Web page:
Solar energy has gone mainstream. Everyone knows what solar energy is. They have seen residential solar energy systems mounted on the many homes of Edison. However, few people know what goes into those shiny solar energy systems. Here is your crash course on the components of the ubiquitous systems that harness residential solar energy for Edison homes.
Made up of photovoltaic cells, or PV cells, solar modules are the most visible parts of the solar energy system. Also known as solar panels, they are installed on your roof to capture the energy from the sun. It is these photovoltaic cells within the solar module that convert solar energy into usable electricity. Solar PV modules are commonly available in a range of sizes and efficiencies, with most solar modules being installed residentially today 60-cell modules between 350-400 watts. Higher wattage PV cells are also available in the market for a price and some achieve this higher wattage by being a larger size at 72 cells. These 72-cell modules are the most common in-ground mounts and commercial solar installations.
As the name suggests, these are used to mount solar modules to the roof. They allow rows of solar modules to be mounted in an array to harness more energy. They are also pleasing to look at. They can be used on roofs, poles, and the ground. The components will include solar rails, brackets, and flashing which will protect your roof from leaks. Normally there is a 3-5 inch gap between the roof and the solar racking.
Array DC Disconnect
This solar system component is used to disconnect the solar power from the rest of the assembly. Since they make it possible to disconnect the solar panel array, they make maintaining the panels easily.
Solar power is converted into direct current or DC by the PV cells. However, all residential fixtures and home appliances run on alternating current or AC. The inverter converts DC into AC. Most solar installations these days use Micro-inverter technology. This means the inverters are located underneath the solar module which is out of site for you. The physical component you may see if the combiner box which quite literally combines all the solar modules into a single energy source.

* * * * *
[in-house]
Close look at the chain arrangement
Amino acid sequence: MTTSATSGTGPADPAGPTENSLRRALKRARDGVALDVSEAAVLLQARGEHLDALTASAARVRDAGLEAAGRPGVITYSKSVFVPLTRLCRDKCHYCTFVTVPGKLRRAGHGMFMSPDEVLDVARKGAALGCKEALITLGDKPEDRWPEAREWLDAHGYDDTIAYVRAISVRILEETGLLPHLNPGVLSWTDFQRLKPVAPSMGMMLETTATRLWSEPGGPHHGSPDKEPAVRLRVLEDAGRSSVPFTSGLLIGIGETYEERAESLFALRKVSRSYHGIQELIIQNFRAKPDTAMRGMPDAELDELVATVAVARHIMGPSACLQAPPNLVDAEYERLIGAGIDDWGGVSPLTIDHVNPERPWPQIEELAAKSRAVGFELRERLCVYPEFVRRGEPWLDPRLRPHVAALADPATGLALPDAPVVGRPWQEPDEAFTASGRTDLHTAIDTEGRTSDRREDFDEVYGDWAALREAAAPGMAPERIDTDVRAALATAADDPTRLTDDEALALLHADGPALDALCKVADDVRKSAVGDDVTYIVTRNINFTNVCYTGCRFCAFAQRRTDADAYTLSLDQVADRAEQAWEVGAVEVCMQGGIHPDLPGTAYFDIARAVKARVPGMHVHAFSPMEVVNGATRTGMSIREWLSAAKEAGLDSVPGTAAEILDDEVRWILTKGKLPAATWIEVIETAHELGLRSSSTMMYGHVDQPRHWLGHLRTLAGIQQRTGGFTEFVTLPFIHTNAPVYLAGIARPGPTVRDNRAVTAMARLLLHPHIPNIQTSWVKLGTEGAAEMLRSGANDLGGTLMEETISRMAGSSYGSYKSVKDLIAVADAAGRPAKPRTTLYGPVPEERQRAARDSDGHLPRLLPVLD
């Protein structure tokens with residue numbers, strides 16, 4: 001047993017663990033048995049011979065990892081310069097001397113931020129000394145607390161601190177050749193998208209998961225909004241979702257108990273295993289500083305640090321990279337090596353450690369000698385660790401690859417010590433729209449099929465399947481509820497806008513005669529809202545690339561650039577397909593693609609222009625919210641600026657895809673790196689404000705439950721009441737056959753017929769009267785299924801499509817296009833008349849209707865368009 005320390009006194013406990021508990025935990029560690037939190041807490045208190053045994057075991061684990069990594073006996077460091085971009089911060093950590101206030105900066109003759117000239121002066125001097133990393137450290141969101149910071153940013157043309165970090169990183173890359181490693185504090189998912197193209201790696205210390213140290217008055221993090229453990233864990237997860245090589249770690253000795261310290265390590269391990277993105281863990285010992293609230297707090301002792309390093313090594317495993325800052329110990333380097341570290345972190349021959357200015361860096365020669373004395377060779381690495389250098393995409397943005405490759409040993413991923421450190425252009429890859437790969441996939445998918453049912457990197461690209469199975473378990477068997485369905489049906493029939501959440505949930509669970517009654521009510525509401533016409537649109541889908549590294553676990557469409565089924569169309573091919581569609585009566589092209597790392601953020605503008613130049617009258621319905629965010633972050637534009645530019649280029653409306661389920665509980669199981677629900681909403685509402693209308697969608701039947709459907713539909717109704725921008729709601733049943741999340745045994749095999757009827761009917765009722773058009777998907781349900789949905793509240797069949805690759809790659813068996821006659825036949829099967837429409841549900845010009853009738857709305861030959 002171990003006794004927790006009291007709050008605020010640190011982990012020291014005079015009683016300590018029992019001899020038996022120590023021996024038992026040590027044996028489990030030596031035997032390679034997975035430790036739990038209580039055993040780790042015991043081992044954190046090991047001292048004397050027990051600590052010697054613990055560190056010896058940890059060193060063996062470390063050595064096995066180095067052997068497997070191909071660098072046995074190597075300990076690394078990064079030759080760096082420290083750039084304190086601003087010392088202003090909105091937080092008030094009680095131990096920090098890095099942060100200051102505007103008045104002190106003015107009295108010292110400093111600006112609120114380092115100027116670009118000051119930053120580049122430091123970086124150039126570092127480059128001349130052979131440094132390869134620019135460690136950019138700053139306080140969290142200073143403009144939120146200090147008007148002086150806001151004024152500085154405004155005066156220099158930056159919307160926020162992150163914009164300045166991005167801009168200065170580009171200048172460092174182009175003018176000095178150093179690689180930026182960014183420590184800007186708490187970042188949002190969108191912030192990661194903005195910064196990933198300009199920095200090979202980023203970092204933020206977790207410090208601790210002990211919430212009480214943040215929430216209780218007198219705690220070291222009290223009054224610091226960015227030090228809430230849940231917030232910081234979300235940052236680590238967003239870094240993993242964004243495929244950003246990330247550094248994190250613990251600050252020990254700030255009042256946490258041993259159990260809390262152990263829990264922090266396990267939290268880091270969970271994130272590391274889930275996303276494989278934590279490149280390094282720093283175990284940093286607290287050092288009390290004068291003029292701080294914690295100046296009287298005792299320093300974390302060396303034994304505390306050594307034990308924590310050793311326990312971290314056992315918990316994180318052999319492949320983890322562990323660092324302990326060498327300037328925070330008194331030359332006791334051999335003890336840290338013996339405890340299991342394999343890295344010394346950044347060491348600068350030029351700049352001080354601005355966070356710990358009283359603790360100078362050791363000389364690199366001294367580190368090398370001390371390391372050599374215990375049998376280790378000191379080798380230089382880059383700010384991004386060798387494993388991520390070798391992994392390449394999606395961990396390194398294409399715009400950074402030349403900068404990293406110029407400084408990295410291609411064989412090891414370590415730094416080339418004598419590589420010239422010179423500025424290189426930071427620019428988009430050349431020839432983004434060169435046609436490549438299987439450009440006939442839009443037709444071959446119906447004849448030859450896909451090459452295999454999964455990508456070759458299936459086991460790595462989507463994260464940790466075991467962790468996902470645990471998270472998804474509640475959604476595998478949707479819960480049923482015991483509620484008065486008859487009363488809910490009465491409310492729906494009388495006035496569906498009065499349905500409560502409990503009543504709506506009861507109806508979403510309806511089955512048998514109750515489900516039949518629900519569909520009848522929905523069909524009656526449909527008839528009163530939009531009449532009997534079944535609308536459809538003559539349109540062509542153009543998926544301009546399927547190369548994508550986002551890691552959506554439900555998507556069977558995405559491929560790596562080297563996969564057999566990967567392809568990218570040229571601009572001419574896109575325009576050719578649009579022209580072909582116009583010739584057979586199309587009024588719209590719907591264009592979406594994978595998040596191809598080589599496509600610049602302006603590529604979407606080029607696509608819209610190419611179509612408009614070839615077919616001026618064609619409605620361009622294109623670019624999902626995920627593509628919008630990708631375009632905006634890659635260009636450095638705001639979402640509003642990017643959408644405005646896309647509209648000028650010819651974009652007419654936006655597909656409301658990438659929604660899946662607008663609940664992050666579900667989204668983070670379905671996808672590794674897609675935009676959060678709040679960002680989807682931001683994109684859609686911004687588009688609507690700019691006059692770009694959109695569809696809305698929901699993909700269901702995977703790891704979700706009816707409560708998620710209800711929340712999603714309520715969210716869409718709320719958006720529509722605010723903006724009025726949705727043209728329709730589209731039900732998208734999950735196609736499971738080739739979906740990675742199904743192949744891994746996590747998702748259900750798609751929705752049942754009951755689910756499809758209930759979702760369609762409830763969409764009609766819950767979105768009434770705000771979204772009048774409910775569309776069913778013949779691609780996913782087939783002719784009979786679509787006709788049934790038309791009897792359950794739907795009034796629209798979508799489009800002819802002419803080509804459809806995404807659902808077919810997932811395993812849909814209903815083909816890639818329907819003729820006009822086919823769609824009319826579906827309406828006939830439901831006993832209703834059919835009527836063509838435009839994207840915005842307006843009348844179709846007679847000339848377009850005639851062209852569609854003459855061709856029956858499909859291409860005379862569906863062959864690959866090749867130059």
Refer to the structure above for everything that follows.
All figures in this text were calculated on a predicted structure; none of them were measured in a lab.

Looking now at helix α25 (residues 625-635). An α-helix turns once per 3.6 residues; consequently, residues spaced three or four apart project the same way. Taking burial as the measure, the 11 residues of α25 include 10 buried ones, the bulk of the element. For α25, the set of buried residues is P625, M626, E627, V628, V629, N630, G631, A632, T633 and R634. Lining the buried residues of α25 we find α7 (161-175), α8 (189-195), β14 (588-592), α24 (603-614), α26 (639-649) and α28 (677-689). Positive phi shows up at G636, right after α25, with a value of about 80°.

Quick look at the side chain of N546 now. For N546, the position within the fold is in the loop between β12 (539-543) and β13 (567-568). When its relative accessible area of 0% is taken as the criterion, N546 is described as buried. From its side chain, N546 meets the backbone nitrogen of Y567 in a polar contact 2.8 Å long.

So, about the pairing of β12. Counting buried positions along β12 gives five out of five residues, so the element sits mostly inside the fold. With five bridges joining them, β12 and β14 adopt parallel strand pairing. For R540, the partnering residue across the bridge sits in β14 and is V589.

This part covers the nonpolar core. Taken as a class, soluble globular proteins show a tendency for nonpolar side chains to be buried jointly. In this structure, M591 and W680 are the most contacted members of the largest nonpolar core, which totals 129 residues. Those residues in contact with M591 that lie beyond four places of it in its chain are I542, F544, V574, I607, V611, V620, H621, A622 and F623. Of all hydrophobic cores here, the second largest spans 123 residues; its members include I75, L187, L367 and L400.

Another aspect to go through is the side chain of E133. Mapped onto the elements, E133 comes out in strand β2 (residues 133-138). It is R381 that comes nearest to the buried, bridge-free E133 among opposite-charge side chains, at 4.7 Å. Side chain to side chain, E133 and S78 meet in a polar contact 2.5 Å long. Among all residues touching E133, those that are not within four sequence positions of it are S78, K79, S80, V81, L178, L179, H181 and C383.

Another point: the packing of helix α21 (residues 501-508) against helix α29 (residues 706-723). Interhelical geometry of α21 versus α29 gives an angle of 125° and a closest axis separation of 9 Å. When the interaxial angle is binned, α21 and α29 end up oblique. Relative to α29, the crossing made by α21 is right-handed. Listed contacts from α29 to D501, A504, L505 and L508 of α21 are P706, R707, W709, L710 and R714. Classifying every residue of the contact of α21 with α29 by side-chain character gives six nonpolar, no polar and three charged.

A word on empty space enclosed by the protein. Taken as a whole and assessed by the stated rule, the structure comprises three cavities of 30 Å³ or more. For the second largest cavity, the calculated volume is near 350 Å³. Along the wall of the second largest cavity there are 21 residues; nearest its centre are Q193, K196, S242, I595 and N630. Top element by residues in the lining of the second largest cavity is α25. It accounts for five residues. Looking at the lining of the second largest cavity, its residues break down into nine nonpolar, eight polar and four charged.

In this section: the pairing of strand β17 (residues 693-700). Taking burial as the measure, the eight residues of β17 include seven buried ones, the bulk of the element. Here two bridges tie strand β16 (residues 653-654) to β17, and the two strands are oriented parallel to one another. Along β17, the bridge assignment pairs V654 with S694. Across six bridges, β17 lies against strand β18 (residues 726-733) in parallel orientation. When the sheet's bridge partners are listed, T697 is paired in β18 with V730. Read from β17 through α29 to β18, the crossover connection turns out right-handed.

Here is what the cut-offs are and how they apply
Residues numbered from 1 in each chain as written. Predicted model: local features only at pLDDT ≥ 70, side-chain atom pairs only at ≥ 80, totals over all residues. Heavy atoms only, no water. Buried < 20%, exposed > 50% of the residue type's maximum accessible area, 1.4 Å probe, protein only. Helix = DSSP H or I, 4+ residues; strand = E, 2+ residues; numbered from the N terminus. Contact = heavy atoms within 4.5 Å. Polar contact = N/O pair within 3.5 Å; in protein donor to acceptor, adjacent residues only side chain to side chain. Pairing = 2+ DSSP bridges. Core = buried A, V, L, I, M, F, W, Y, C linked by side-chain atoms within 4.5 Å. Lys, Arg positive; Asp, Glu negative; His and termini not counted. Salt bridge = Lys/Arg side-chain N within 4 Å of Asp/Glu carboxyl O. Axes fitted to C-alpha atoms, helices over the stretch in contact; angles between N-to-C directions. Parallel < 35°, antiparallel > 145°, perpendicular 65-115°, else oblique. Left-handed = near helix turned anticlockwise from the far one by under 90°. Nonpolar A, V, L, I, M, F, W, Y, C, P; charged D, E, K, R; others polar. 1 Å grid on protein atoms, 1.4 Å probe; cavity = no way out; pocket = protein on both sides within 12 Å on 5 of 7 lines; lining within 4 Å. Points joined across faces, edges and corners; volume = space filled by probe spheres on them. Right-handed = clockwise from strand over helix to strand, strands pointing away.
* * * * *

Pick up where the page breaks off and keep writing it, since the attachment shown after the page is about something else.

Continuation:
Bi-Directional Meter and Revenue Grade Meter
After the solar installation, the utility company will install a digital bi-directional meter. These devices measure the quantity of electricity the household or business uses from the grid. Alternatively, they can also measure the amount of electricity sent from the solar system to the grid, which is necessary for the homeowner to be compensated in a process known as “net metering”
In addition, in states where performance-based incentives (PBIs) are applicable the solar installer may install a revenue-grade meter that tracks the total production of the solar array. The reading from this meter is what will be used in selling SRECs for example.
Not unique to the solar energy system, a breaker panel serves the same purpose as it does in traditional grid power settings. The breaker panel is installed where the power source connects to the house’s circuit. Circuit breakers prevent appliances from drawing too much power and shorting.
Solar power is only available while the grid is operational. To meet the household’s power needs during a blackout, the solar system must store surplus power generated during the day for use during an outage. This is an optional component.
The charge controller is present in systems with a battery backup. True to its name, a charge controller regulates the charging of the batteries. It ensures that the batteries only charge and discharge when required.